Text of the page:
Red squirrels are being struck down by leprosy
Leprosy has been identified as the mystery illness affecting endangered red squirrels at one of their last remaining homes in England.
Naturalists have been left baffled for the past 50 years after finding gruesome lesions on red squirrels living on Poole Harbour’s Brownsea Island in Dorset.
Laboratory tests on the corpses for known viruses have always come back clear to the bewilderment of wildlife experts.
But a study conducted by Professor Anna Meredith of the University of Edinburgh has revealed that symptoms such as fur loss and severe skin ulcers are a result of leprosy.
And after being contacted by the island’s nature reserve manager, Prof Meredith set up a makeshift laboratory in a bid to find out how the infection spread.
Red squirrel have been found with lesions
Brownsea is one of the last locations in England still to have red squirrels, with the vast majority of the 120,000 which remain in the UK living in Scotland.
Prof Meredith said the National Trust owned island, which is home to 200 of the animals, provides the ideal location for the three-year project as it is completely contained.
She said: “They are an icon of endangered British wildlife cherished both for their rarity and their beauty. But there is cause for concern in this red squirrel haven.
“Some have been spotted with a peculiar and disturbing illness – fur loss, swelling, ulceration – it is painful to even look at.
“These symptoms have been identified in a small number of squirrels for almost 50 years but the cause remained a mystery until a recent discovery 500 miles away.
Rex Red squirrels are already battling for survival
“Two years ago our team at Edinburgh University discovered that Scottish red squirrels had leprosy. We didn’t know it at the time, but we had also solved a decades old mystery on Brownsea Island.”
Prof Meredith now plans to humanely catch red squirrels, take blood and other clinical samples before microchipping them so that any evidence of the infection can be monitored over a long period.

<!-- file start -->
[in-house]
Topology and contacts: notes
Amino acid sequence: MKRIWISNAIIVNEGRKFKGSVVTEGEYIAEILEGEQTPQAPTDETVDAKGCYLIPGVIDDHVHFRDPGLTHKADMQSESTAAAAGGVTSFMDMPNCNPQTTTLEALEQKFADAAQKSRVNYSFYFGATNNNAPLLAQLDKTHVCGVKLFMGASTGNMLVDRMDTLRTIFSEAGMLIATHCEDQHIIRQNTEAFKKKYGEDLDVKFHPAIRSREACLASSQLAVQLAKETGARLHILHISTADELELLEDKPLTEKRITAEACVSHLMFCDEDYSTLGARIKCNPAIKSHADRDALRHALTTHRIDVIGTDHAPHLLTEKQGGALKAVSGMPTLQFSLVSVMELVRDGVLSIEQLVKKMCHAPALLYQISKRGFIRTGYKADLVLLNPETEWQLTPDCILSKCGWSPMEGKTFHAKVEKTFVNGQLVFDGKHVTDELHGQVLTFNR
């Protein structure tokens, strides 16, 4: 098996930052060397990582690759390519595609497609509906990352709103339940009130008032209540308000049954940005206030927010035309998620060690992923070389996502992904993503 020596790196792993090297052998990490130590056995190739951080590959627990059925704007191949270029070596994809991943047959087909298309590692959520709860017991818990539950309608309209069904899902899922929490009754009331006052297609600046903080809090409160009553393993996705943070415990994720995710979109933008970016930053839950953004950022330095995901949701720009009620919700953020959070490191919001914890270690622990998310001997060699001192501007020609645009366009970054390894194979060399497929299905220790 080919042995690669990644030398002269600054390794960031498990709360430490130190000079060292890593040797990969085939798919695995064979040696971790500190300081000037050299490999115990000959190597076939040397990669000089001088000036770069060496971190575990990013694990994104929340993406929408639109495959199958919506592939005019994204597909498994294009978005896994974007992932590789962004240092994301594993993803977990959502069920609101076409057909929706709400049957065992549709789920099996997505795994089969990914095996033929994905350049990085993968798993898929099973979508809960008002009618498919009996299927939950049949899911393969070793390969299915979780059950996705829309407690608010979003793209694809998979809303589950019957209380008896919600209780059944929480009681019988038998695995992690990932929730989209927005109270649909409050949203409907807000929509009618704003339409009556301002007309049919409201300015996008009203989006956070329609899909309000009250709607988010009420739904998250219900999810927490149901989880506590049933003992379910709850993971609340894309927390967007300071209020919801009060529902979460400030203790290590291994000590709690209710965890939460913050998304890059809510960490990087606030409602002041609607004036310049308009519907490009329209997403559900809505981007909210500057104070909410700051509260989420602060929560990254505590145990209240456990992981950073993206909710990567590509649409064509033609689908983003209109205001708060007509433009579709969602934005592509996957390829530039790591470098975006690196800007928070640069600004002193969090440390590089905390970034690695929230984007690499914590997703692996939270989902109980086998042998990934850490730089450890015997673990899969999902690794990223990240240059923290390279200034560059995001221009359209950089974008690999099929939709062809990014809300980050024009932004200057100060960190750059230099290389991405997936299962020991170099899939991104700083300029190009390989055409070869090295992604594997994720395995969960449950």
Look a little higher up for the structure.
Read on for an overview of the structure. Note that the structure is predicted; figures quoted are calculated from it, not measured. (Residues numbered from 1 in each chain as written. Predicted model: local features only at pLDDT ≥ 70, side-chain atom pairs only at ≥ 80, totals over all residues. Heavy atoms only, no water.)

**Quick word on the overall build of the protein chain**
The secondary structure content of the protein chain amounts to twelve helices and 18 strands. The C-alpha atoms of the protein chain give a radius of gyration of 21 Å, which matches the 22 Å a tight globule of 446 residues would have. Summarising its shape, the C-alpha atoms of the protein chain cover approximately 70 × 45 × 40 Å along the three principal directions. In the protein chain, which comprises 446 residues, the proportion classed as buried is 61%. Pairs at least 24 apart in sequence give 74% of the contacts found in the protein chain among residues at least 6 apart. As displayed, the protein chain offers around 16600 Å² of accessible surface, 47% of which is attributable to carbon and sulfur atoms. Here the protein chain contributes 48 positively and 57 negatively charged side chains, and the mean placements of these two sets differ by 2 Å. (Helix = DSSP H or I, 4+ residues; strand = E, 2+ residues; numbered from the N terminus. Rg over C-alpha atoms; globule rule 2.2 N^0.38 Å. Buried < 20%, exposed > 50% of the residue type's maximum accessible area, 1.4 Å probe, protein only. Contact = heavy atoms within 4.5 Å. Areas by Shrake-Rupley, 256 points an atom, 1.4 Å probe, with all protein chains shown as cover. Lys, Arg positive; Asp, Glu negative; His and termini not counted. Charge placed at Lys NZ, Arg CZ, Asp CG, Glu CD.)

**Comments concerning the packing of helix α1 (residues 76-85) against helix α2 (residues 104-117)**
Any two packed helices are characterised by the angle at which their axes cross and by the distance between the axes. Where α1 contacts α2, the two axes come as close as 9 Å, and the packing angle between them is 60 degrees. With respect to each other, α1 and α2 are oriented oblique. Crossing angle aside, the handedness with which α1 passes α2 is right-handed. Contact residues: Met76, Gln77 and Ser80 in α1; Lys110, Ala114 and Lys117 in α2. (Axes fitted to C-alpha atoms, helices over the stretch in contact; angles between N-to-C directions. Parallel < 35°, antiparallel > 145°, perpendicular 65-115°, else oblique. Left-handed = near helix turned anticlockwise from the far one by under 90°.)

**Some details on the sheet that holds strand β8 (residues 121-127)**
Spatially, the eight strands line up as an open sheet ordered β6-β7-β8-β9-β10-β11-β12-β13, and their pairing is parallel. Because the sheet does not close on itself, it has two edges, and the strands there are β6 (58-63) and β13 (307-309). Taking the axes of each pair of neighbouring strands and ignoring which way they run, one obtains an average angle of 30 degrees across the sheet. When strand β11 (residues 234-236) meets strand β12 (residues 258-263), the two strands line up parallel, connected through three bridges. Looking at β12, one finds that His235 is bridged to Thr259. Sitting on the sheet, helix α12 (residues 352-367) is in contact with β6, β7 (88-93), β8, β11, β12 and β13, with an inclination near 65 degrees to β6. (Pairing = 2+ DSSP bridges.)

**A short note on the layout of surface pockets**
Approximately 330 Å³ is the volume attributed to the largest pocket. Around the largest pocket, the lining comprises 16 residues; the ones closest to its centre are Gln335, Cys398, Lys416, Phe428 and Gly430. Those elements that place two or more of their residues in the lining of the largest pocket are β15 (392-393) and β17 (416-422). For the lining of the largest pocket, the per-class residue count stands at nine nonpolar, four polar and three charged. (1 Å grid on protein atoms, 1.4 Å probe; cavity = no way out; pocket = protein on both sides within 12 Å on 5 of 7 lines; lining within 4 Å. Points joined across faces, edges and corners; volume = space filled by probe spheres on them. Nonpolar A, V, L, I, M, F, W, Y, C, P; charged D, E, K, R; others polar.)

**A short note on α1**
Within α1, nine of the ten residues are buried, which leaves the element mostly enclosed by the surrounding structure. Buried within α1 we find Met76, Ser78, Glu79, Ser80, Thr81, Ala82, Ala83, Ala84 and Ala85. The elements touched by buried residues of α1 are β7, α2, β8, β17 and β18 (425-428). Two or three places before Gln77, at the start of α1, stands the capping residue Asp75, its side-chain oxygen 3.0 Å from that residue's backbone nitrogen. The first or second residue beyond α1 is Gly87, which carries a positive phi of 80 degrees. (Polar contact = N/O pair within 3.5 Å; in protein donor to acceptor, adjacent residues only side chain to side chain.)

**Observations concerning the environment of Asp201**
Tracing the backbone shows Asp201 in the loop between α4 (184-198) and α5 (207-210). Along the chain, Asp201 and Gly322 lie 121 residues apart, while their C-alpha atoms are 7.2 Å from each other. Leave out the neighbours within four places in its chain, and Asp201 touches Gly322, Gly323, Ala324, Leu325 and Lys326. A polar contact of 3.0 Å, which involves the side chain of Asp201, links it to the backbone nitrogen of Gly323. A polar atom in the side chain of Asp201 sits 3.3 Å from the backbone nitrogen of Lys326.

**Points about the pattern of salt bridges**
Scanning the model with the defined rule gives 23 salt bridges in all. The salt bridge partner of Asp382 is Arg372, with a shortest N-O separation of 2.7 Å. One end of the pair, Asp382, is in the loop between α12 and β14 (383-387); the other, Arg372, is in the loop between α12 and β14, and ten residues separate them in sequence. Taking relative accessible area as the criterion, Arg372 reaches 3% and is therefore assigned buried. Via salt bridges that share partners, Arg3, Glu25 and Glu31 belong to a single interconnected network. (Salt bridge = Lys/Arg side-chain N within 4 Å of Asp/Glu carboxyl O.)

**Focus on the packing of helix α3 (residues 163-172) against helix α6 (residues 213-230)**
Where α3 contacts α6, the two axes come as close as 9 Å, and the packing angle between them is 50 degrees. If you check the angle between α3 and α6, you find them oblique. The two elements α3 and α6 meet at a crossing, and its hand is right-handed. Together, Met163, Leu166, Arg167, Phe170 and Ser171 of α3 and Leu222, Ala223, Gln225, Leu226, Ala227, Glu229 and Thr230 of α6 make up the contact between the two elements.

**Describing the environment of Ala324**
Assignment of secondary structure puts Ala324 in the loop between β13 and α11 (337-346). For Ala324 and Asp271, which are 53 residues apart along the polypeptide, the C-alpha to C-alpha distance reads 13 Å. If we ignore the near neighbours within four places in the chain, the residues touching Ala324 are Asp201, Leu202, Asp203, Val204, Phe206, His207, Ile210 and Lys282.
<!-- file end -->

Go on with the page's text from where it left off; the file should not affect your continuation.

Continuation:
She added: “It is really important that we try and understand a bit more because it’s never been described in squirrels before, and we want to know where they’re getting it from and how they are possibly spreading it to each other.
“Then we are taking the samples to test and work out what is going on here because they are an endangered species and we want to do the best conservation management we can.”
Prof Meredith stressed that although the leprosy impacts red squirrels in almost exactly the same it does on people, there is no threat on Brownsea Island to human health.
Rex Two red squirrels being affectionate
Chris Thain, who has lived on Brownsea Island for 16 years and is its nature reserve manager, said the number of red squirrels affected by the leprosy is small and those that do have it live a normal life and rarely die as a direct result.
He said: “This is only affecting a very small proportion of the red squirrels on the island, and it is important to stress that it presents no risk to human health.
“We think we can trace it back to the 1970s, but it could have been here for centuries.”
The population of red squirrels in the UK has fallen drastically in recent years to just 120,000 from a high of 3.5 million a few centuries ago.
Experts believe that this, in part at least, has been due to the introduction of non-native grey squirrels which compete with reds for food and carry a disease which is fatal to their native cousins.